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Study of Thermal Stress in Nano Silver Bonded Silicon Substrates for High Temperature Applications
Keywords: high temperature, thermal stress, simulation
High temperature power electronic devices and sensors have been a wide range of application in several fields such as deep-drilling equipment, gas turbine engines, aircrafts and space exploration systems. These SOI (silicon on insulator), SiC (silicon carbide) or GaN (gallium nitride) devices are operated at temperatures higher than 300ºC. There is a clear need for thermostable die-attach materials and reliable bonding methods that meet the requirements for harsh environment operations. However the conventional materials for die attach such as adhesive and solder are not suitable for high temperature applications as they are not thermally stable at high temperatures since the melting points of solders are usually below 300 ºC. Compared with traditional die-attached materials, silver nano particle paste has attracted much attention in recent years. Many studies have been carried out to evaluate the characteristics of the silver nano particle paste materials [1-2]. The melting point of the sintered silver layer is near that of bulk silver at 961ºC, which can meet the requirement for high temperature operation. The sintered silver joints also have high thermal conductivity and low resistivity. Therefore, silver nano particle paste has been an interesting die-attached material for high temperature power devices and sensor packaging applications. In our previous work, a laser-assisted sintering technique was studied by joining silicon substrates [3]. The silver nanoparticle paste (NanoTach-X) from NBE Tech LCC was used to bond silicon to silicon to study the die- attach process. It was shown that successful bonding using the nano silver material could be realized at a laser power of 70W and a very short sintering time of 5 minutes. In this paper, we focus on study of the thermal stress in the sintered silver joint. Thermal stress is mainly caused by the coefficient of thermal expansion (CTE) mismatch, which is an important factor determining the high temperature reliability of the devices. The relationship between the thickness of the sintered nano silver layer and the thermal stress is studied by numerical simulation using a finite element method. The dimension of the silicon chip is 2mm×2mm×0.6mm, and the dimension of the silicon substrate is 5mm×5mm×0.6mm. The elastic modulus of the sintered silver die-attached layer is lower than that of bulk silver. Based on data from the manufacturer of the nano silver paste material, the elastic modulus of sintered silver die-attached layer is chosen to be 30GPa. The other material properties are obtained from the literature [1,4]. Stress reduction by plastic deformation of the silver layer is not taken into account and the substrate is assumed to expand in all directions. The temperature difference (ΔT) between the sintering (bonding) temperature and the operation temperature is considered to be 30ºC, 60ºC or 90ºC, respectively. The silver die-attach layer thickness is assumed to be 10μm, 50μm, 100μm, 150μm or 200μm, respectively. The simulation results show that as ΔT increases the interface stress increases quickly (rising from ~20MPa to ~60MPa). The simulation results also show that the average stress at the interface of the silver layer and the chip decreases with increasing thickness. However, the stress in the silicon chip will increase with thickness of the silver layer. According to the results of our previous shear stress test, the interface between the chip and the sintered silver die-attached layer is usually the weakest point [3]. While the stress in the chip may cause the output characteristics to drift [5]. Therefore, it is important to select a suitable thickness of the nano silver- based die attach layer.In order to verify the thermal stress simulation results, we will make silicon to silicon samples using different thicknesses of the nano silver layer and conduct thermal stress test at different operation temperatures. The results will be presented at the conference along with the results of the simulation work.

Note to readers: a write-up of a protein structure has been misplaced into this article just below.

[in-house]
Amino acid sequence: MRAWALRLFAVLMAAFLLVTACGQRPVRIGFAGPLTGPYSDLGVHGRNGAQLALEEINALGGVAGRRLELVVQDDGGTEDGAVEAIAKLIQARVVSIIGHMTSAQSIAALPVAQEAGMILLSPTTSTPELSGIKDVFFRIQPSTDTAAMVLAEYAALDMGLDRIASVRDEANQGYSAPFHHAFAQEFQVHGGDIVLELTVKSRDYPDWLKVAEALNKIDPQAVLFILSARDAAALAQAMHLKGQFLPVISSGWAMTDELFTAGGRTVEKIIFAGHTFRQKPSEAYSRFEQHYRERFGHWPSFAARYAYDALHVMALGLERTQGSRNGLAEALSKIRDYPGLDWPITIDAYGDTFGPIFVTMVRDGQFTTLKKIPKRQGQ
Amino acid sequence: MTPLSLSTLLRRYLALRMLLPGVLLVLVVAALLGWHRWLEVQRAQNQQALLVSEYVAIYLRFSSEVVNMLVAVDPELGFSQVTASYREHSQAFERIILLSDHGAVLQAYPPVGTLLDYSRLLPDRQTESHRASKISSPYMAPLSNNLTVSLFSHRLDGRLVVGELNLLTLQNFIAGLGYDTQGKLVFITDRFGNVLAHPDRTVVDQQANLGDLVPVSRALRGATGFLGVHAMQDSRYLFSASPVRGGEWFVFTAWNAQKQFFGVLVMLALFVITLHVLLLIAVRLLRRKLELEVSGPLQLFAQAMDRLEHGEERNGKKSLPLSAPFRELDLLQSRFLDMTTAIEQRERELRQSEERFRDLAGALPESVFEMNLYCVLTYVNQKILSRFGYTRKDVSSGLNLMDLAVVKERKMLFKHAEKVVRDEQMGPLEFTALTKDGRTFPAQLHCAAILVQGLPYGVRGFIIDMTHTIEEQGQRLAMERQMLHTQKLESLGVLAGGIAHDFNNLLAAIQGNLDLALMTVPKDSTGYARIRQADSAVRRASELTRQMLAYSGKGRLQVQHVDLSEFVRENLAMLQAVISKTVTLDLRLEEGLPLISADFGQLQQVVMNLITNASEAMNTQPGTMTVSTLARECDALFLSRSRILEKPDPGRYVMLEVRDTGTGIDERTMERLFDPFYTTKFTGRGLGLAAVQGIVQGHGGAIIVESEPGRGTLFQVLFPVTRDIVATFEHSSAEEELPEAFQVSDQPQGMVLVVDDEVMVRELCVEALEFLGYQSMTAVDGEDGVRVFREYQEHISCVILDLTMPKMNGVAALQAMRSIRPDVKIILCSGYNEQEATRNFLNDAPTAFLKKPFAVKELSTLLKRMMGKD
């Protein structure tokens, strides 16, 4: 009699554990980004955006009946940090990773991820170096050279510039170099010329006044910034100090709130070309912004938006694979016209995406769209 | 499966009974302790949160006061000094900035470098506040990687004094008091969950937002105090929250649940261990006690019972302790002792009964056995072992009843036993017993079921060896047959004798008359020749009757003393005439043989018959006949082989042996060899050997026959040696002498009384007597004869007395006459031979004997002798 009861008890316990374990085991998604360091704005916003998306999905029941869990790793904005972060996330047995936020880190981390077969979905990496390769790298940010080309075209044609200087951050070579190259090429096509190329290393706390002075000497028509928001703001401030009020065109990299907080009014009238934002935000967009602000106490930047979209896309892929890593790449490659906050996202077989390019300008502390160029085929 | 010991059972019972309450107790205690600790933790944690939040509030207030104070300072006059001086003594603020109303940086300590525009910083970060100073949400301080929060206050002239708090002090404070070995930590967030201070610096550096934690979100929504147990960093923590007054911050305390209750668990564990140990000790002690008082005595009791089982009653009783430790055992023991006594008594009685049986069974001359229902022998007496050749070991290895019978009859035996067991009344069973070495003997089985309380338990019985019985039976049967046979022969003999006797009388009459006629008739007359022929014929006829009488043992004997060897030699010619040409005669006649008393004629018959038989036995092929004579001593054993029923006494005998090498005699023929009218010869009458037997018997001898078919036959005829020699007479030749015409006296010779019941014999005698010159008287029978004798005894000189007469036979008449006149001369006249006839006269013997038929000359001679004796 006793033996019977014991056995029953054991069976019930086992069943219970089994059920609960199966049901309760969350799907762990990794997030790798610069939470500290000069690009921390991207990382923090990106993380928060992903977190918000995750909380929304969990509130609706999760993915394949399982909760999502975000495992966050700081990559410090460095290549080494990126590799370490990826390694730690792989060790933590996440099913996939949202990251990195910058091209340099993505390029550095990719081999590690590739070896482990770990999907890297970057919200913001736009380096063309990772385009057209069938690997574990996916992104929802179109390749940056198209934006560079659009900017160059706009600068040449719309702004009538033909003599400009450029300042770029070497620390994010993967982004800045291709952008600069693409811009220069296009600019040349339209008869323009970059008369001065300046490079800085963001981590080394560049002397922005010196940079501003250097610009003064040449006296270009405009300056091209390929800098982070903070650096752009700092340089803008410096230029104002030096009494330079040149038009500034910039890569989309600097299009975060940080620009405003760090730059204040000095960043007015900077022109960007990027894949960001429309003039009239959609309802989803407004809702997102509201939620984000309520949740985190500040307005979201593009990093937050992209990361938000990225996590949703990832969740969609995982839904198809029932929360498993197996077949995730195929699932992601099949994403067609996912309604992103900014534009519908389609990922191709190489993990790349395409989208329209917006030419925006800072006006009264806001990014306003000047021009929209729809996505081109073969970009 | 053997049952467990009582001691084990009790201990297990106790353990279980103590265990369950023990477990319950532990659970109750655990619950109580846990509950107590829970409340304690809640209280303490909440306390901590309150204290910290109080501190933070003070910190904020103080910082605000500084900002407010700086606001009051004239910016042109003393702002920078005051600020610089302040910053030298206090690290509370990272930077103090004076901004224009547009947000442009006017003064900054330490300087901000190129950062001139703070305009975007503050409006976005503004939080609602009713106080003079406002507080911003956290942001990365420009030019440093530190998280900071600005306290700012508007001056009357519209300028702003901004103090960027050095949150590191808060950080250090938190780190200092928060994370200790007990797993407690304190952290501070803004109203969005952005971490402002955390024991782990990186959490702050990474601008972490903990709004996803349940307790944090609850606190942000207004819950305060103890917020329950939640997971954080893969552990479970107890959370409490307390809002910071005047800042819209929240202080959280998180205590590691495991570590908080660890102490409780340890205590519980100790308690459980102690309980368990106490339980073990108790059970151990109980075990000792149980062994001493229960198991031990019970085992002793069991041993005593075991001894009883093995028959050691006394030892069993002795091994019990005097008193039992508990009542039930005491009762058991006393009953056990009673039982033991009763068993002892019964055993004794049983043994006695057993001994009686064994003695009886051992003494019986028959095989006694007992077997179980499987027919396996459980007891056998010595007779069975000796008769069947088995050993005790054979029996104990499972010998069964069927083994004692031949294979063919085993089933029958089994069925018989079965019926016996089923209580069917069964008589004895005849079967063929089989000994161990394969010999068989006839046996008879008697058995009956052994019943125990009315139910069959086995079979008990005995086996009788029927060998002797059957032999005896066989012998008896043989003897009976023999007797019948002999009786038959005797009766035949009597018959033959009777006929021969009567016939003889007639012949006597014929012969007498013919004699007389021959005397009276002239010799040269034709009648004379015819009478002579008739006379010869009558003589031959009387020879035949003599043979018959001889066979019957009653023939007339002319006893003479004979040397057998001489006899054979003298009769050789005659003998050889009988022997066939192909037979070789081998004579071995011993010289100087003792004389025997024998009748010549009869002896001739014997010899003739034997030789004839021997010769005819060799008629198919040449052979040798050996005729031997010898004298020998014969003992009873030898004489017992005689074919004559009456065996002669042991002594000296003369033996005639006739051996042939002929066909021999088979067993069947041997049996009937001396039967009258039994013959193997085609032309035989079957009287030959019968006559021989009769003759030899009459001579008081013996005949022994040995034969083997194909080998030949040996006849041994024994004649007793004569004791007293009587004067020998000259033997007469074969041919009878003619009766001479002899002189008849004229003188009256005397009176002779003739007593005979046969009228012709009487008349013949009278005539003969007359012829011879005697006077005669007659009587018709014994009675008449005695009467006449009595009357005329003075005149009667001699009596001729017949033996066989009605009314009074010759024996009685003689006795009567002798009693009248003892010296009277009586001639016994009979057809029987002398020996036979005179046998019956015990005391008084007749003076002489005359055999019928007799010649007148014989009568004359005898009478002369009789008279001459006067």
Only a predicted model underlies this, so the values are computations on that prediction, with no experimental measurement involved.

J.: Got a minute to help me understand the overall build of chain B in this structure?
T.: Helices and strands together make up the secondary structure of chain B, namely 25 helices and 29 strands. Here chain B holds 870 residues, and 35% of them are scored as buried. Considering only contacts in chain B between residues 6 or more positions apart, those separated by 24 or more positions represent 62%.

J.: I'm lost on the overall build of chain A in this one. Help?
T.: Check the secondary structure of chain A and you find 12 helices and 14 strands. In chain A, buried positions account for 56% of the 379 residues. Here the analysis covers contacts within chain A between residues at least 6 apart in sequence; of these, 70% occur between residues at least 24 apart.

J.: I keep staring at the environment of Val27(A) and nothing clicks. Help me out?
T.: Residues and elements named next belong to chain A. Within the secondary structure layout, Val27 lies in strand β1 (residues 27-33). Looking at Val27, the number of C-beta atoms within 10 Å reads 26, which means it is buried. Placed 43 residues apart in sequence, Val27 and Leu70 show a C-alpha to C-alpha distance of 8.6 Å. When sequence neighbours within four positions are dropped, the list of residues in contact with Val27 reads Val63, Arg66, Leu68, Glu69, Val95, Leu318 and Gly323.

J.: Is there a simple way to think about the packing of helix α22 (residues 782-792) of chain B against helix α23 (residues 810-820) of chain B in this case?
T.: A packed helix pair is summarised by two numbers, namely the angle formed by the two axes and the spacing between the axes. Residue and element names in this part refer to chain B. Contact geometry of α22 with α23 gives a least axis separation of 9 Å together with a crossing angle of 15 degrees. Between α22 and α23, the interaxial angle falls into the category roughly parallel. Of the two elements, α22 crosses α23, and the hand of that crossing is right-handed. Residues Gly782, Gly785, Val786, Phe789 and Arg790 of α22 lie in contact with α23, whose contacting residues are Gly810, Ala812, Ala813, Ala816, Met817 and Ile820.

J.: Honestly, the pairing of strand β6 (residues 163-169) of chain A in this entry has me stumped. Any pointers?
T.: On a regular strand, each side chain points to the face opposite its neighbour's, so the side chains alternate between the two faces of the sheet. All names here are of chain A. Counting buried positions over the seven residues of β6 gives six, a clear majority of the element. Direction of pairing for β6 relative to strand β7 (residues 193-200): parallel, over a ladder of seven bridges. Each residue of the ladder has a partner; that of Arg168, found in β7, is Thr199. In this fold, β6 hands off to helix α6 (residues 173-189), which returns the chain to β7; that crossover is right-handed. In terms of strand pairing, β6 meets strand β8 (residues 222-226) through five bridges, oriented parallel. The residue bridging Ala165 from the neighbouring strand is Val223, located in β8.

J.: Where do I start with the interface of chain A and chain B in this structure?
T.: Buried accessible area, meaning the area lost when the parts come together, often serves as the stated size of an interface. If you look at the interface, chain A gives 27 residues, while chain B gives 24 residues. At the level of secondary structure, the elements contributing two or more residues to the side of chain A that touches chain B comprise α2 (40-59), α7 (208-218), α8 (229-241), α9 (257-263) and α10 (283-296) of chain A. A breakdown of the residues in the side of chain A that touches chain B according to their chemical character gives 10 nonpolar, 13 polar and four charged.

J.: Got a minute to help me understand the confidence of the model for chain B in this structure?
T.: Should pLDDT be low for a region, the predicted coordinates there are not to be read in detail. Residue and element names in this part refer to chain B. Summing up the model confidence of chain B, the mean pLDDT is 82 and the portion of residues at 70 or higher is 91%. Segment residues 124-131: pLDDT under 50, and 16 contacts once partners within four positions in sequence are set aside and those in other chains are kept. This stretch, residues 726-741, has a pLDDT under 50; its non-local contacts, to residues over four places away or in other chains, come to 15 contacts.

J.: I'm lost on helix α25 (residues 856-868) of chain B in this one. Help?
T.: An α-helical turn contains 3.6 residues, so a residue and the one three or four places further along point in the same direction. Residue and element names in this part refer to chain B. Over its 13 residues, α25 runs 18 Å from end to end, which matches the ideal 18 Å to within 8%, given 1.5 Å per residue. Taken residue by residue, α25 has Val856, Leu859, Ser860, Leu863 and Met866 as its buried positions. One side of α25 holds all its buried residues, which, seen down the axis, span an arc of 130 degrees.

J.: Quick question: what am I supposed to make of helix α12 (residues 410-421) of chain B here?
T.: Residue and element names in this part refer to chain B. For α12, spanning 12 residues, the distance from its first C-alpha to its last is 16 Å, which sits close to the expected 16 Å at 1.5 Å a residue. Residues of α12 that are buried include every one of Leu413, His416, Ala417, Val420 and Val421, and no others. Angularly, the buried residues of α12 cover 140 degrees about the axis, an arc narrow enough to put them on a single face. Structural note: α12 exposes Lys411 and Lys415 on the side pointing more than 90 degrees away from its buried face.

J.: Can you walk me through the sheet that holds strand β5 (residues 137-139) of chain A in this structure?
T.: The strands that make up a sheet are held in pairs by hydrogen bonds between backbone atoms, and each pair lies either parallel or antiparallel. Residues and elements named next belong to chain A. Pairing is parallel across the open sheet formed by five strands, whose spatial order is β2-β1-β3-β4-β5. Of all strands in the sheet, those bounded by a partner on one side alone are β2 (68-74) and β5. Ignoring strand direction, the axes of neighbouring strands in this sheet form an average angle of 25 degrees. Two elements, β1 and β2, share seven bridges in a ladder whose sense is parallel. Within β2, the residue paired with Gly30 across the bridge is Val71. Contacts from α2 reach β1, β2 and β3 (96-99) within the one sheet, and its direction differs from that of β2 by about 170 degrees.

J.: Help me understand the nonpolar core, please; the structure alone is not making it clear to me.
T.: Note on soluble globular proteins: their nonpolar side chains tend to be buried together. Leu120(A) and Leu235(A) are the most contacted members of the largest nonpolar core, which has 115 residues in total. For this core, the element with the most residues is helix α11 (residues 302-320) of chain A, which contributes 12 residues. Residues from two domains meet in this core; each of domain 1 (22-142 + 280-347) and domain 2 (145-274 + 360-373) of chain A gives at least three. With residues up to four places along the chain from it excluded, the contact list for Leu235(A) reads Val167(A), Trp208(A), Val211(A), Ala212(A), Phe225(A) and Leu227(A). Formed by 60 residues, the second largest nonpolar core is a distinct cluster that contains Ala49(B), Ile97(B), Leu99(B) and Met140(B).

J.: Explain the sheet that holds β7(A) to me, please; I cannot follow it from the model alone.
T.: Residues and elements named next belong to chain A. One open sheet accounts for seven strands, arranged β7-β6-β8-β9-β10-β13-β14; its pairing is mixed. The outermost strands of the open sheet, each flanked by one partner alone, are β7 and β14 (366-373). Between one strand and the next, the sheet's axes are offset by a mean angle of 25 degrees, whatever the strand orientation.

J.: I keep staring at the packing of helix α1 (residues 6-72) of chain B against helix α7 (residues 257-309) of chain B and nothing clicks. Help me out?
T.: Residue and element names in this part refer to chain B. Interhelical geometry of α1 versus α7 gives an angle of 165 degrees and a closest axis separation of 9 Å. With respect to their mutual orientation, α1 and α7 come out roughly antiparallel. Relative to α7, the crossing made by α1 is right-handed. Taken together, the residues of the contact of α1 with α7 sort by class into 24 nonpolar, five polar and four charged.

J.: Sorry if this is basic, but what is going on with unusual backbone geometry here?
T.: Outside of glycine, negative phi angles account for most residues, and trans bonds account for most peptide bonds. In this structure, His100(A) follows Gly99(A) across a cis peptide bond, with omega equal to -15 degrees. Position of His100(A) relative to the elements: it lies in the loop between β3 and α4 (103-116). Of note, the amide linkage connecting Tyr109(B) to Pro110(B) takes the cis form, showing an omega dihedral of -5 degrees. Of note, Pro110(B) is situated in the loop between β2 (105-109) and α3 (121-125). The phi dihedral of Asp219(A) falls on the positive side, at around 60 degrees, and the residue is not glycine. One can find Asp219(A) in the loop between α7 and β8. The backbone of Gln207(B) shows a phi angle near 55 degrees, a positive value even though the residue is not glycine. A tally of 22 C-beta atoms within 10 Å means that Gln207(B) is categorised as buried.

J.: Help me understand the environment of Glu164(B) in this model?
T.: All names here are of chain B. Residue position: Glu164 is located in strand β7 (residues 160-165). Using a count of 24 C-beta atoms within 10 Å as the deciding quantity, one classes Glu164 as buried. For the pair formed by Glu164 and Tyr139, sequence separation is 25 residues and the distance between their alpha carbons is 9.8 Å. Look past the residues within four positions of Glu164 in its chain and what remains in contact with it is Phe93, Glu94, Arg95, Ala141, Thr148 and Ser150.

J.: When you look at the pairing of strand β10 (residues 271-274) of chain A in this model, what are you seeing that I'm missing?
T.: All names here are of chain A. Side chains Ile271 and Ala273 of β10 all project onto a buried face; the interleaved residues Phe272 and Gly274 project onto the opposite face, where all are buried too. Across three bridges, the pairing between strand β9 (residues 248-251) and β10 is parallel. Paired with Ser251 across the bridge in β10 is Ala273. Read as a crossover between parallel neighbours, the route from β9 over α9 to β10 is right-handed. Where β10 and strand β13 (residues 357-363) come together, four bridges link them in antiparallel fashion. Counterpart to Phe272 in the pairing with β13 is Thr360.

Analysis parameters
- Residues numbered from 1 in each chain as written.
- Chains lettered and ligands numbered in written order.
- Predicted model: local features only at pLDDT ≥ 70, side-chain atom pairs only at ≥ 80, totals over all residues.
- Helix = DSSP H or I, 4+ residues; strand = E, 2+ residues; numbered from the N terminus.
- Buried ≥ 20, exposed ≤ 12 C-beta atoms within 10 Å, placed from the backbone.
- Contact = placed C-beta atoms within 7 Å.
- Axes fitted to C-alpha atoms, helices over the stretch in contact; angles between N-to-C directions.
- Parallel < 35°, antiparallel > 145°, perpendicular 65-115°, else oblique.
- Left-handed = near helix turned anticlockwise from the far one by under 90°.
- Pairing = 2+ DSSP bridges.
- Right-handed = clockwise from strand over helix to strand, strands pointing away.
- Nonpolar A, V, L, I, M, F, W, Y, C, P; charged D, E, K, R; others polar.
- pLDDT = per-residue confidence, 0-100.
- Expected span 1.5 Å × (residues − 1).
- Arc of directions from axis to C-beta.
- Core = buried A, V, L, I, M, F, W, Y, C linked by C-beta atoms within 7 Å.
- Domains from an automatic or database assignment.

G.D. Liu & C.H. Wang,
Heriot-Watt University
Edinburgh, Edinburgh

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